CHECK THE IRISH POTATO ROW OR BED TODAY As the month April begins, keep a close eye on the potatoes and when you see green sprouts, hill some soil around them and give them a drink of liquid fertilizer every ten days. If you apply 10-10-10 fertilizer, sprinkle it on both sides of the hills and pull the dirt up to the potatoes. Never sprinkle pellet fertilizer directly on potato vines or any other vegetation.
SOMETHING LUSH AND GREEN ALL WAY TO FROST The asparagus and panda ferns are the answer to something cool and green all during spring, summer and autumn and they can be moved inside the home to a warm, sunny location to provide greenery inside. The panda fern is an old-fashioned fern grown by my grandmother in Northamton County. She would use it along with roses on Mother’s Day to make corsages for friends, neighbors and relatives. The asparagus fern can be trimmed as well as the panda fern. These ferns can be purchased at all hard wares and seed stores for around three dollars.
THE NEW MOON OF THE MONTH OF APRIL The thin crescent of the April new moon will adorn the western horizon at twilight this evening. You can watch it wax into the full moon of April, which will appear on the eastern horizon after sunset on Friday, April 22, 2016. This full moon of April will be appropriately named “Full Pink Moon”. It may have a pinkish tint as it rises in the east just after sunset. The Jewish Passover will also begin on this night of the April full moon.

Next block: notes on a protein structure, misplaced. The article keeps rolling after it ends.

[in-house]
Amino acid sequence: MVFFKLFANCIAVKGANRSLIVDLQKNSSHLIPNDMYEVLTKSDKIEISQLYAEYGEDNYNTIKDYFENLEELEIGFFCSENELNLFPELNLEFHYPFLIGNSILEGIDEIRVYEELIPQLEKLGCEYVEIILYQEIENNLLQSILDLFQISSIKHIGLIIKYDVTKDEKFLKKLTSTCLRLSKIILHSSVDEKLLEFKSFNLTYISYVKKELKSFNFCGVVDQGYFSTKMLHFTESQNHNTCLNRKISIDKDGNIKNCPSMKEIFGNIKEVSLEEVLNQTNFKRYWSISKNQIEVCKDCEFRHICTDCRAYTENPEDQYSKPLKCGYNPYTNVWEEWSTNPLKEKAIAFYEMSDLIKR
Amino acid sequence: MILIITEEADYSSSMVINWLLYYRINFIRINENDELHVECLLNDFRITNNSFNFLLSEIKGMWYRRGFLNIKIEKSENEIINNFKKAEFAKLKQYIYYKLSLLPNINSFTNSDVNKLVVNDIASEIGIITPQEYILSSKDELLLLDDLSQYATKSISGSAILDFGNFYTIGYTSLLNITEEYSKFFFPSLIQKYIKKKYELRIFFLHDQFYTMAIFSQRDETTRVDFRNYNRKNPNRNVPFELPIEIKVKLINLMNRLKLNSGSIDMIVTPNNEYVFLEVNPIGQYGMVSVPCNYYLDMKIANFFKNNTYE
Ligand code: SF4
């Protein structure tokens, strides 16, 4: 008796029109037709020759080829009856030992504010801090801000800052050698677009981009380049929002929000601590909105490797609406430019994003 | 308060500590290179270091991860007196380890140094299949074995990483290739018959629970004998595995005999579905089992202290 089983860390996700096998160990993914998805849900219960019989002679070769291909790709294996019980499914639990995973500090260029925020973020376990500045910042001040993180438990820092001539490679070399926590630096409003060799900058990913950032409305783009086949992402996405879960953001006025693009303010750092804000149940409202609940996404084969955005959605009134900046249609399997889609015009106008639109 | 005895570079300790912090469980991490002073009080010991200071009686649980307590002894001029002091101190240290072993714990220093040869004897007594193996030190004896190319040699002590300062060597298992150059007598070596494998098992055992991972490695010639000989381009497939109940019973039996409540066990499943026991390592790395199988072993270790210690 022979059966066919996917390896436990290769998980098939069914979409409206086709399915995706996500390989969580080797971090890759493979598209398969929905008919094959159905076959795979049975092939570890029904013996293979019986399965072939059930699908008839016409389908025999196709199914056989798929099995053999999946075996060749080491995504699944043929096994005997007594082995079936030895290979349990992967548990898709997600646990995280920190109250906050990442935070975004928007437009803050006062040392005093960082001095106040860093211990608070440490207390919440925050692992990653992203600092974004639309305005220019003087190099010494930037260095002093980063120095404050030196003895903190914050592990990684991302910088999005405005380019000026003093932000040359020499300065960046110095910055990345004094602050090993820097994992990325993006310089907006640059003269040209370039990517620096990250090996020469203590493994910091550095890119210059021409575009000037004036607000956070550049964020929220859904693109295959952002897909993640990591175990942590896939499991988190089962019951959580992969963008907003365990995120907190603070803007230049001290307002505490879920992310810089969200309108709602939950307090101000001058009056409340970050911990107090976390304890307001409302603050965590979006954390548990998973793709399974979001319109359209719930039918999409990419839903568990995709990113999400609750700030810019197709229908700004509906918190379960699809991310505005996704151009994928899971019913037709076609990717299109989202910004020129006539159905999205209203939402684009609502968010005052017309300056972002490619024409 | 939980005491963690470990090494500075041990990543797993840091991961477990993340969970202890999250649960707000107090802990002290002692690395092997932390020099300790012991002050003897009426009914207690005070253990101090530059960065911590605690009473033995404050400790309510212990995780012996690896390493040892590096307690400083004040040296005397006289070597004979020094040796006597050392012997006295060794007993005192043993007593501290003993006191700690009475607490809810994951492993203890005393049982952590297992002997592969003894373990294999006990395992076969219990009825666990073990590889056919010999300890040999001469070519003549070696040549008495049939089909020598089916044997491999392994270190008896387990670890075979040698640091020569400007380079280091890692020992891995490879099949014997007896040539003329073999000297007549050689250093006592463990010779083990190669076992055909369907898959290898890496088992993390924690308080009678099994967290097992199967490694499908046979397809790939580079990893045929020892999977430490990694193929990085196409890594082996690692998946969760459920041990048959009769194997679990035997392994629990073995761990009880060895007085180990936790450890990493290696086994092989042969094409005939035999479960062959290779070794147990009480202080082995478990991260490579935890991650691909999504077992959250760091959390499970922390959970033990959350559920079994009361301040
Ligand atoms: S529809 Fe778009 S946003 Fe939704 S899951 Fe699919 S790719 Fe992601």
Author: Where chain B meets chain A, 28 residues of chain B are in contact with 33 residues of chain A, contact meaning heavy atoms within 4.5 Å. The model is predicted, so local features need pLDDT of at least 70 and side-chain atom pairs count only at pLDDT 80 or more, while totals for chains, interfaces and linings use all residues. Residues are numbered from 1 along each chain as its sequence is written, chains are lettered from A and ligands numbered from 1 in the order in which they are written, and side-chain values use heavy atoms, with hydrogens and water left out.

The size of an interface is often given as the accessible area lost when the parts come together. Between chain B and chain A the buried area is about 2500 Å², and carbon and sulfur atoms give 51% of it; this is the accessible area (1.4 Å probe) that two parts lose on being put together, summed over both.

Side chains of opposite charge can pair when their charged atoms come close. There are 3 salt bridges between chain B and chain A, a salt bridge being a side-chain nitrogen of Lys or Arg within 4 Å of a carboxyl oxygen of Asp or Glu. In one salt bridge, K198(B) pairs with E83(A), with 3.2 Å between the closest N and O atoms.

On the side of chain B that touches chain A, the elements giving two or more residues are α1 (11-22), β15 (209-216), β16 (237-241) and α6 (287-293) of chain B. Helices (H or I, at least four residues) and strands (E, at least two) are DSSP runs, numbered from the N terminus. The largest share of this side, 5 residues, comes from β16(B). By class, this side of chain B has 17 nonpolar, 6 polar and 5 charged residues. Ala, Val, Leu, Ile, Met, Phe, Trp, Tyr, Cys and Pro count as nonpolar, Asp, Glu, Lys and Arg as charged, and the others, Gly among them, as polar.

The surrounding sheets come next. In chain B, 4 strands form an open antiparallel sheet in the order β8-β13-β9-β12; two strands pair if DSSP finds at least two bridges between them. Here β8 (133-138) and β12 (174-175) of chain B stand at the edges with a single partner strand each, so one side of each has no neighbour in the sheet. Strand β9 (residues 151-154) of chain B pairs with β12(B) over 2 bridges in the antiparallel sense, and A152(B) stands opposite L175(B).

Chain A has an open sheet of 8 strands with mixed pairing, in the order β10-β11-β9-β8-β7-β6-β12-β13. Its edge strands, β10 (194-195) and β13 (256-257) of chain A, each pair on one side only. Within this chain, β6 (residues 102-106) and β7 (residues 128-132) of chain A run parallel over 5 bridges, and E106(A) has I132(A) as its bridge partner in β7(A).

HERE’S TO HOPING FOR A LOT OF APRIL SHOWERS We not only would love to experience quite a few April showers this fickle month but also enjoy the fresh scent of these fresh April showers . We can’t blame it on global warming or April fickleness, but for some strange reason, we don’t seem to have as many of these April showers as we did at Grandma’s house. In Northampton County, we dammed up the ditch in front of her house when April showers seemed natural and abundant during the month of April.
PLANTING A COOL WEATHER CROP OF GREEN PEAS A tasty crop of green peas can now be planted in the early spring garden plot. They will thrive in the early spring garden plot. They will thrive in cool soil temperatures of early spring. It is one of the few vegetables that does not even need any fertilizer because they actually add nitrogen to the soil. A pound of peas will sow 50 to 60 feet rows. You can choose from Alaska green arrow, laxton progress. Garden peas will mature in about 65 days, which allows plenty of time to succeed them with a warm weather vegetable crop.
Ray Baird has been providing gardening tips to the community for years and can be reached at 336-969-9350 or at BSylvia1946@gmail.com.